Building for a good lambing

By Ken Geenty

In Livestock7 Minutes

As this year draws to a close it’s time to think about preparing your breeding stock for a good performance next year. Summer-autumn is often when production is pretty much ‘set’ for the coming year.

Of crucial importance is maintenance or increasing of ewe body condition score, even though pressure often relaxes after weaning. This may mean a compromise between working ewes on cleaning up rougher paddocks but not letting them slip backwards at the same time.

In particular breeding ewes will probably have lost body condition during late pregnancy and lactation which needs to be recovered before next mating. It’s extremely difficult to avoid this loss in ewe body condition over pregnancy-lambing, particularly with higher lambing percentages.

The desired recovery in ewe body condition score (BCS) over summer in relation to the rest of the year is shown in the diagram.

The scenario portrayed is for a 55-60kg ewe maintained at BCS 2.5 or above, and having lost one condition score from mating to lamb drop. Similar principles will apply to lighter or heavier ewes. Also shown are ewe liveweight changes, allowing for the additional weight of developing lambs. Changes in maternal body weight, ignoring weight of conceptus, being 5-7kg for each condition score.

The important rebuilding of ewe BCS over January-February prior to mating will require quality pastures about 3cm in average length meaning over 1200kg drymatter (DM)/ha, or the equivalent amount of tucker in rougher pastures or supplements. Your ewes will need about 15 megajoules of metabolisable energy, or 1.5g of pasture drymatter a day for liveweight gain.

The importance of gradual ewe BCS recovery over summer is pretty much an insurance against relying on more rapid liveweight gain during March-April leading up to ram joining. This may not be possible if the season doesn’t come up to expectations. Ideally ewe BCS at joining should be about 3, often meaning a required increase of up to one condition score or 5kg liveweight since weaning. Suddenly requiring 3-4cm pastures or 1500 kg DM/ha can be a big task unless autumn is being kind.

If feed supply allows it’s much more efficient and productive to hold ewe liveweight and BCS year round close to BCS 3 than to lose and regain. Over summer ewes will require 1-1.3kg of quality pasture DM a day, or the equivalent, to hold body condition score near 3.

The main determinant of the coming season’s lambing percentage is ovulation rate at mating. As well as ensuring BCS is 3 or above, an increasing level of nutrition immediately around the mating period, known as the dynamic effect, will help ensure maximum release of eggs to be fertilised. A benefit of 5-10% in lamb drop can come from the additional eggs shed. To nail this a change to fresh paddocks or ensuring existing pasture on offer is at least 1500kg DM/ha as rams go out will do the trick.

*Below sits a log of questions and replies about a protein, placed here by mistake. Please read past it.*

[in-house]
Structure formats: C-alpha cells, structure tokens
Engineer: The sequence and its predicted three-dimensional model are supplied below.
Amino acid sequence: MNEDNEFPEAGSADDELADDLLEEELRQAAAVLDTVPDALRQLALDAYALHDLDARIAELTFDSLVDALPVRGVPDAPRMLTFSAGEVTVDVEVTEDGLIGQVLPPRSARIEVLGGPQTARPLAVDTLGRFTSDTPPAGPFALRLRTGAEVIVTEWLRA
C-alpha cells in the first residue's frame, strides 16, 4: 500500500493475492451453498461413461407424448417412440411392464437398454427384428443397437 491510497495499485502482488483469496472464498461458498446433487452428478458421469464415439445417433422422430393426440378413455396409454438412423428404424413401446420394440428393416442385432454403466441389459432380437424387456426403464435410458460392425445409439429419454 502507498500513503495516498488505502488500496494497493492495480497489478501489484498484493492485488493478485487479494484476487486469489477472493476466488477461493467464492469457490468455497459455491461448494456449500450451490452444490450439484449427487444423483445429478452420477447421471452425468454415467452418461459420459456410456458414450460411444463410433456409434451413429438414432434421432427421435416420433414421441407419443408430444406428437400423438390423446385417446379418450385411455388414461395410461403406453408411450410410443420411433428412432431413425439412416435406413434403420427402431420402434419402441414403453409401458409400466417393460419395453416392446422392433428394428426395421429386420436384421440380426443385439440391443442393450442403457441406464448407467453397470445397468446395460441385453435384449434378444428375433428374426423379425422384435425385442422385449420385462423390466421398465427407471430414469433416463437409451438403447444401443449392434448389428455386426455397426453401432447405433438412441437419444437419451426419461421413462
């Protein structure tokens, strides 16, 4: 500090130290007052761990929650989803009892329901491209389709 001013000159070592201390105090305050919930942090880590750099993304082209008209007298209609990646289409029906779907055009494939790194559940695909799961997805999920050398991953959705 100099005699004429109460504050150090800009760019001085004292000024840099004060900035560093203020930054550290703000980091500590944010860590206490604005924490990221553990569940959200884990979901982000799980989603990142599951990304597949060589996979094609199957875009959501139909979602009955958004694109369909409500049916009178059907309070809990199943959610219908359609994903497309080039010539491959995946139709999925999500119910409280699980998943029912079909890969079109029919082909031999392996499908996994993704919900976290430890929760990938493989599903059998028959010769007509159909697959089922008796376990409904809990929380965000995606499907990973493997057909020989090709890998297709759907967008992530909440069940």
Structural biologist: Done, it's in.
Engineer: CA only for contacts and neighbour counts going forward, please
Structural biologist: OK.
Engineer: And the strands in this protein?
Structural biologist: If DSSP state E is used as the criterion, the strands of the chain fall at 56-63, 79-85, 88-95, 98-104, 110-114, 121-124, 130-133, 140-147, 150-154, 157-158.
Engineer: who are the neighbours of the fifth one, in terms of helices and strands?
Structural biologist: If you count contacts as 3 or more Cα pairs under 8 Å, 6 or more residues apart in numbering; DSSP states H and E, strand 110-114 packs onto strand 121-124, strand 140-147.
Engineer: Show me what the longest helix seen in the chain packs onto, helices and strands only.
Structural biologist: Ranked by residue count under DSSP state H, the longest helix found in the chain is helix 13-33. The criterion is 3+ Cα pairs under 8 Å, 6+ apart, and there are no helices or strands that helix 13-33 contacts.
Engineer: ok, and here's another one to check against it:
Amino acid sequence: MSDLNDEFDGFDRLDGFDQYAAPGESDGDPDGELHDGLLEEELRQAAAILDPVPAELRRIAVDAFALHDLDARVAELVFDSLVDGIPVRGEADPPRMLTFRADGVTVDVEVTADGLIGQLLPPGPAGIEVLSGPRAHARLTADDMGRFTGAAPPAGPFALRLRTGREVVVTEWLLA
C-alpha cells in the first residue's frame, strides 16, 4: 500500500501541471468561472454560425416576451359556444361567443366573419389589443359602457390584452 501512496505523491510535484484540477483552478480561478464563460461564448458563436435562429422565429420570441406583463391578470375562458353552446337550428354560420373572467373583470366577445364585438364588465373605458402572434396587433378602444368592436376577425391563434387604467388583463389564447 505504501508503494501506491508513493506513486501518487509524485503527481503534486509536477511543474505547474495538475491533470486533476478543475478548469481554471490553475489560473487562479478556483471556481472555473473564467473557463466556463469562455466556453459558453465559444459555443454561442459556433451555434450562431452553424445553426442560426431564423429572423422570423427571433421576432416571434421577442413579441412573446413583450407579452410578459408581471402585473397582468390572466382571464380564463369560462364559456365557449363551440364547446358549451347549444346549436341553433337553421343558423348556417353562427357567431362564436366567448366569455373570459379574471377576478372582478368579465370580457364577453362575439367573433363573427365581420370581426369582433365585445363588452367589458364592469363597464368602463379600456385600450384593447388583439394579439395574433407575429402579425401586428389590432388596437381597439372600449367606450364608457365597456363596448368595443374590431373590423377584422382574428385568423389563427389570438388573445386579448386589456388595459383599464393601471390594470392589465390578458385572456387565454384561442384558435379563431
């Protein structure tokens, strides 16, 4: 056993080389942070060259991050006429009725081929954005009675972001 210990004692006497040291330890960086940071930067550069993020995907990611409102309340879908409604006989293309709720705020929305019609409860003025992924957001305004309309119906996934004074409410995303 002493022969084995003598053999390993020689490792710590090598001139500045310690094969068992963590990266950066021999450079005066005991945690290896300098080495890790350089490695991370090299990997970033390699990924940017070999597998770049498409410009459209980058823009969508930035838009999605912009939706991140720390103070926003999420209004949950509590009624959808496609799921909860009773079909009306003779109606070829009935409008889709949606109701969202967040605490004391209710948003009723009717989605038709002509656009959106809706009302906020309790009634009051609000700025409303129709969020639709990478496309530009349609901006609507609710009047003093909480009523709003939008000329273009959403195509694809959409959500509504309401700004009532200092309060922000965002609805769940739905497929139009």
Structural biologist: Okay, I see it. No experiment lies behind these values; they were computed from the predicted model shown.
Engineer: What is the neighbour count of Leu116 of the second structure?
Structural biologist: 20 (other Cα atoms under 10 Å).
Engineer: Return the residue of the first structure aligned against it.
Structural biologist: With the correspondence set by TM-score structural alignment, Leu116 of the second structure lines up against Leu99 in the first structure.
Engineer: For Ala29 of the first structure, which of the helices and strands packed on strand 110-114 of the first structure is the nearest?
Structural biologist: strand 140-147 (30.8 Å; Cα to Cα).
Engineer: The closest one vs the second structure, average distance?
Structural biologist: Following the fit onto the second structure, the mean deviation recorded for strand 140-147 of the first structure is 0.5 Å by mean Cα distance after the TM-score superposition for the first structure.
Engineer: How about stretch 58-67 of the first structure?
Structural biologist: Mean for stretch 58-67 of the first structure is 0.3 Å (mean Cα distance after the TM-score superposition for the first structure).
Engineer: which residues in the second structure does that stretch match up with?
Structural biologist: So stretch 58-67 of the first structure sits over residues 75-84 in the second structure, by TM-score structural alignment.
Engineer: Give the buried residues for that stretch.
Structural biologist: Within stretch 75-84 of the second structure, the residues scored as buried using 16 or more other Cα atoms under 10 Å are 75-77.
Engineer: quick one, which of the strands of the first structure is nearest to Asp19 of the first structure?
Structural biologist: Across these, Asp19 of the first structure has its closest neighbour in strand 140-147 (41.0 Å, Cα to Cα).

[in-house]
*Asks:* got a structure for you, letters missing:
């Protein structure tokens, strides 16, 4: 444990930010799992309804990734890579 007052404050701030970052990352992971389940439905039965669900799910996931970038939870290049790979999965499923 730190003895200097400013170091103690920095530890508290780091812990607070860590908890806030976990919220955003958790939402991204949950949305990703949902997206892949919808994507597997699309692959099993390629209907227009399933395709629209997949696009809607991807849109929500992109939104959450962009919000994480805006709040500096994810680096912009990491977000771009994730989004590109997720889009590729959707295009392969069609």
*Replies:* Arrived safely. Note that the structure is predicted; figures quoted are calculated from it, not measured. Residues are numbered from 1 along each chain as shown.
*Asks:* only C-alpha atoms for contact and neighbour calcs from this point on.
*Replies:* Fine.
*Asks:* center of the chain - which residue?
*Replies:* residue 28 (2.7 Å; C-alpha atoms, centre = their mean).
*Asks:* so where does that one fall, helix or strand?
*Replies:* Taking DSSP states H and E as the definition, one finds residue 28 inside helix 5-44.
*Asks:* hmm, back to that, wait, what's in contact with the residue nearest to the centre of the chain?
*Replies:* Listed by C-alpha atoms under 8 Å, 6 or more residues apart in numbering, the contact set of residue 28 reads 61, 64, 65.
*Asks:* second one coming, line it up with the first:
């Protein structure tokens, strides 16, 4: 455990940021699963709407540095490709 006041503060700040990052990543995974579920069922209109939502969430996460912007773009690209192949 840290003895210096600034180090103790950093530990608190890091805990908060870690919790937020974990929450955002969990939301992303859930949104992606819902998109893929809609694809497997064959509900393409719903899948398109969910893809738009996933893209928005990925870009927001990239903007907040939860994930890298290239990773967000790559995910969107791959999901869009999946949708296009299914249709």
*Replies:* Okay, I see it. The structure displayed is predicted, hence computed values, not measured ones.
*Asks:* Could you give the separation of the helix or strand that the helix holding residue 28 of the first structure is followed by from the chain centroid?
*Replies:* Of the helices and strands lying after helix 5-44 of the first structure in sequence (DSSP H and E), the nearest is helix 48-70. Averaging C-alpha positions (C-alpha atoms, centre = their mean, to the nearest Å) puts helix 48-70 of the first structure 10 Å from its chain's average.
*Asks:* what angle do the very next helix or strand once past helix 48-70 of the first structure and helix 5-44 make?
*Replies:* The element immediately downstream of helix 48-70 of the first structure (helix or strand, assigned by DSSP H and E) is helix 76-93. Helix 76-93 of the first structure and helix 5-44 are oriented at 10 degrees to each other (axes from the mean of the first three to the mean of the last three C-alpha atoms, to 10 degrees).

The ewe liveweight and BCS profile for your farm may be quite different to the one illustrated in the diagram. The key points to remember are achievement of good BCS of 3 or above at mating, minimizing losses over pregnancy and lactation to less than one condition score, and re-building to 3 plus by the following mating.

That’s the girls taken care off now for the boys. Having your rams in good nick is of paramount importance as each will sire up to 100 lambs.

As for the ewes, try not to let your ram team slip below BCS 3, whether newly purchased or retained from previous years. This means keeping an eye on them including regular shifts for exercise and ensuring feed is up to scratch. Then eight weeks before mating it’s recommended you have a veterinary check, or if competent done yourself, for things such as:

  • Wounds or fly-strike
  • Genital health including epididymitis, scrotal mange or pizzle rot
  • Foot problems which may compromise mobility
  • Sperm development takes about eight weeks so all sperm used at mating has been made well beforehand. During this eight week period good feeding and exercise, as well as the above health checks, are essential.

A contagious disease to be wary of is brucellosis which may manifest as epididymitis. It reduces ram fertility and may cause abortion. Vaccination is generally not practiced so buying rams from accredited brucellosis-free flocks is the answer.

All the above become relatively more important in high-serving capacity situations where ram:ewe ratios are up about 1:100. Or where single-sire mating groups are used in ram breeding flocks. Serving capacity and libido tests can be designed or carried out by reproductive experts in the above cases.

It is recommended to use lower ratios closer to 50 ewes per ram with younger ewes and/or rams.

Use of synchronisation or hastening onset of breeding activity can be done close to the start of mating using vasectomised rams which are put out with the ewes. This is often used to stimulate hogget cycling. Identification of ewes in oestrus for artificial insemination can also be done with harnessed vasectomised rams carrying marking crayons. Vasectomies should be done by a vet at least six weeks before use.

  • Ken Geenty is a primary industries consultant.